The University today responded to a request made by The Daily Tar Heel seeking sexual assault-related records and the names of those found responsible through a campus disciplinary process.
The request was sent to UNC-Chapel Hill administrators from DTH Editor-in-Chief, Jane Wester and Director/General Manager, Betsy O’Donovan, last month.
Vice Chancellor for Communications and Public Affairs Joel Curran responded to the DTH request, which had also been endorsed by a coalition of North Carolina media.
In light of the potential interest on this topic, the University is posting Curran’s response here.
Jane Wester, Editor
Betsy O’Donovan, Director/General Manager
The Daily Tar Heel
151 E. Rosemary Street
Chapel Hill, NC 27514
Dear Jane and Betsy:
I’m writing in response to The Daily Tar Heel’s September 30 request and Jane’s October 2 column (“We should know who’s found responsible for sexual assault”). The former seeks records “in connection with a person having been found responsible for rape, sexual assault or any related or lesser included sexual misconduct” by the Honor Court, the Committee on Student Conduct or the Equal Opportunity and Compliance Office. The latter said, “I badly want to know how many people my school has found responsible for sexual assault and what consequences those people are getting.”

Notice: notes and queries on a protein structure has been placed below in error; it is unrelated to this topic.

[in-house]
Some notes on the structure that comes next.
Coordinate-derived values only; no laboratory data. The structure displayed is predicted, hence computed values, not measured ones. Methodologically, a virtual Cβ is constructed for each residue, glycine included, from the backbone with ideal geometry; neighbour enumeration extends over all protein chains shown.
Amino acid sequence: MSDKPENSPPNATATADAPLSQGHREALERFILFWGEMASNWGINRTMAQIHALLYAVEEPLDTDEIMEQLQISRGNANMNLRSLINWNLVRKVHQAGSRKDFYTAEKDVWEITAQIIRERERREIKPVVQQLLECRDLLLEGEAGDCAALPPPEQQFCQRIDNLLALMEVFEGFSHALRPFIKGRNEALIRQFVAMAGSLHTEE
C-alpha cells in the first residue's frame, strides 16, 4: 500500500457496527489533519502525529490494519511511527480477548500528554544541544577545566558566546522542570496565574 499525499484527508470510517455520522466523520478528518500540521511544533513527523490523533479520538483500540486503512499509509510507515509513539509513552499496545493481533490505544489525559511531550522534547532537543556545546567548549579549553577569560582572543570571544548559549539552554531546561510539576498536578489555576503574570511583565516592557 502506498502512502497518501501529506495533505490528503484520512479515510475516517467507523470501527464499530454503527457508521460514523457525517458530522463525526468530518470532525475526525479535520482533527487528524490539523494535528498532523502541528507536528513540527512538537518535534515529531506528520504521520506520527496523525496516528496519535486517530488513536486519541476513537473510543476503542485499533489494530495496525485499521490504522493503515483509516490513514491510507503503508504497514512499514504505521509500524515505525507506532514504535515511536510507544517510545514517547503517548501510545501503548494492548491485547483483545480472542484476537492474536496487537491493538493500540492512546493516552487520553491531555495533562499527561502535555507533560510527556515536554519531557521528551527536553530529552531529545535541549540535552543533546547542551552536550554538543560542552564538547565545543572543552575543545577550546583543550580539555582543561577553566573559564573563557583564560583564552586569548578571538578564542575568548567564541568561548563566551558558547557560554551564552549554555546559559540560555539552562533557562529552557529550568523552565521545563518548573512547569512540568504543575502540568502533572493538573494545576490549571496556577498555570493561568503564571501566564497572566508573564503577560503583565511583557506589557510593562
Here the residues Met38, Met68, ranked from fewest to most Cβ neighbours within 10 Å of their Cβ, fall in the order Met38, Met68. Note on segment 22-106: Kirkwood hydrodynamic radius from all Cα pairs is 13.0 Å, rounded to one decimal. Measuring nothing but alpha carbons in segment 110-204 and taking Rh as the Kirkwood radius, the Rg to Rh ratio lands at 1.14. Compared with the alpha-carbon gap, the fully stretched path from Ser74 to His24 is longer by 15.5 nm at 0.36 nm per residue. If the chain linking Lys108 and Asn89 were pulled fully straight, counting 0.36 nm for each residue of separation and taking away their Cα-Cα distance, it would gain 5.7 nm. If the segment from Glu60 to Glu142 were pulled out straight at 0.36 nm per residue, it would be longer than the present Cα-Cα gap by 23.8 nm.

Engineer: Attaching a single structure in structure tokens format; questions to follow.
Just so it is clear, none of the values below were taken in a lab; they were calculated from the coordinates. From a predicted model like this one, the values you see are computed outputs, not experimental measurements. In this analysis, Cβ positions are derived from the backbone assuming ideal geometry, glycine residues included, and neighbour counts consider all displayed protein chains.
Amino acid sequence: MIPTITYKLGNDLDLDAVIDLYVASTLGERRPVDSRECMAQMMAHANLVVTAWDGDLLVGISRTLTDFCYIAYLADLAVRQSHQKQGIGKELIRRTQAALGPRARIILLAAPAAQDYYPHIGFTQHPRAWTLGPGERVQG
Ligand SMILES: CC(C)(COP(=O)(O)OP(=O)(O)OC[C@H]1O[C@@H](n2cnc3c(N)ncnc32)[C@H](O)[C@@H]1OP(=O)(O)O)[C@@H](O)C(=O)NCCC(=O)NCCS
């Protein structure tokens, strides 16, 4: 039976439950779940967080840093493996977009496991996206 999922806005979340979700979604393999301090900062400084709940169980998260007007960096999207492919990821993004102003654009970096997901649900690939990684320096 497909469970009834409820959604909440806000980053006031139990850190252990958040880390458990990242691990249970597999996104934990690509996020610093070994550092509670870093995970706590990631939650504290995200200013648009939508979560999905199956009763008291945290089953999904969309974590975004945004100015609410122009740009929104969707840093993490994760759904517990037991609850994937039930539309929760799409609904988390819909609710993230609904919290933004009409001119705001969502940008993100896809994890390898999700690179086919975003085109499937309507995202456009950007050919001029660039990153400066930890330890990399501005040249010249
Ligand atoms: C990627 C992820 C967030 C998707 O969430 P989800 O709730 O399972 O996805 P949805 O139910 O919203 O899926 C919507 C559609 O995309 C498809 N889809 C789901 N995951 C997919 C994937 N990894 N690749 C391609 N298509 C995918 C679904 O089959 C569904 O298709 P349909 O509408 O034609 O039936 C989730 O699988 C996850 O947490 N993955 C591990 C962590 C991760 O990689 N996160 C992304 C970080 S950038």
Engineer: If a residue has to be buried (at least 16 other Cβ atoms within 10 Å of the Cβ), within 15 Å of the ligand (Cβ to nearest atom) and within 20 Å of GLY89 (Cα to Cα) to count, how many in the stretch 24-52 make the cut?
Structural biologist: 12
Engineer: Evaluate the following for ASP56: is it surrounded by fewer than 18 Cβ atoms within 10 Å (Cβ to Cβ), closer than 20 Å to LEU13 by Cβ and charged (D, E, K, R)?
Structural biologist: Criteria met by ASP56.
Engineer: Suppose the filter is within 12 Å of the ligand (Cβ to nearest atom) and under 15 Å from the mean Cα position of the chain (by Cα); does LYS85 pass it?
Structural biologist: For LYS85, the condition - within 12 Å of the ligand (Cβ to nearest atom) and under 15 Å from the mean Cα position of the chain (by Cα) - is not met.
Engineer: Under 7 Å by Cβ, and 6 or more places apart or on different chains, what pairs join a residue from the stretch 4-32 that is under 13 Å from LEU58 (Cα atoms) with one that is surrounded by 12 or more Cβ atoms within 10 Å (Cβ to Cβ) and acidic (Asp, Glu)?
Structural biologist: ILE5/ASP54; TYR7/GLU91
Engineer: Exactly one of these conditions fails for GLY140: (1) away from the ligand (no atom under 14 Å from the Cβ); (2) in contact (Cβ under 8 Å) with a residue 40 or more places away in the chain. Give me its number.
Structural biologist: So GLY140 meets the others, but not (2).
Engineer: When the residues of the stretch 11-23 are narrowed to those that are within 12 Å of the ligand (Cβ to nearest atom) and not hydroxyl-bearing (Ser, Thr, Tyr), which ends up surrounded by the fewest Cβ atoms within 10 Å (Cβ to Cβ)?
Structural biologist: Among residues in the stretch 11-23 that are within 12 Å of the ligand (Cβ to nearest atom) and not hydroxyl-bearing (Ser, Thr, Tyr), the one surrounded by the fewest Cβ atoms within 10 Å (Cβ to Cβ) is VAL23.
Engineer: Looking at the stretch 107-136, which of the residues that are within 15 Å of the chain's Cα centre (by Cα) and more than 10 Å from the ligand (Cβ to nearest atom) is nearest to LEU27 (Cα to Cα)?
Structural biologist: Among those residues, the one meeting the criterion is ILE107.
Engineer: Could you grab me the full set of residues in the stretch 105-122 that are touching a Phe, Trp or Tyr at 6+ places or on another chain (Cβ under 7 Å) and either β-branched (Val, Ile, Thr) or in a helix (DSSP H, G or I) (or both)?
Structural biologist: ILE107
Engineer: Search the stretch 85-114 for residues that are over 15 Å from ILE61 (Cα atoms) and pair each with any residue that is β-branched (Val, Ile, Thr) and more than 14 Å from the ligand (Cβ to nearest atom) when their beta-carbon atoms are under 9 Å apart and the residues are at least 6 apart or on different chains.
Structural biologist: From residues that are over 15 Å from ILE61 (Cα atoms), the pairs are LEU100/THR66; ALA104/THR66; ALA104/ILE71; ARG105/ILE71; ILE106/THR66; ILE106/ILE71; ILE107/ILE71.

On the one hand, I can understand a student journalist’s instinct to want to know the identity of a fellow student who has been through an adjudication process about an issue that’s so important on college campuses including Carolina. I also appreciate the interest in advocating for as much transparency as possible about the processes and policies that affect the lives of students so profoundly when it involves sexual assault and sexual misconduct.
However, the University must once again respectfully disagree with the DTH’s assertion that releasing the names of students “found responsible” in these cases constitutes a “public service.” Rather, we’re firmly convinced that such disclosures would have quite the opposite – and devastating – impact on victims, as well as the campus community. Our point of view is directed by federal privacy law, the Family Educational Rights and Privacy Act (FERPA), and informed by many opinions (some of which the DTH has reported; for example, “Survivors say releasing records on campus sexual assault is a delicate balance”) held by victims, witnesses, investigators, counselors and others.
Although I’ve previously articulated the University’s position in two statements provided to the DTH since September 30th, for the benefit of those who signed on to your request and for the record, following is a summary with some additional context: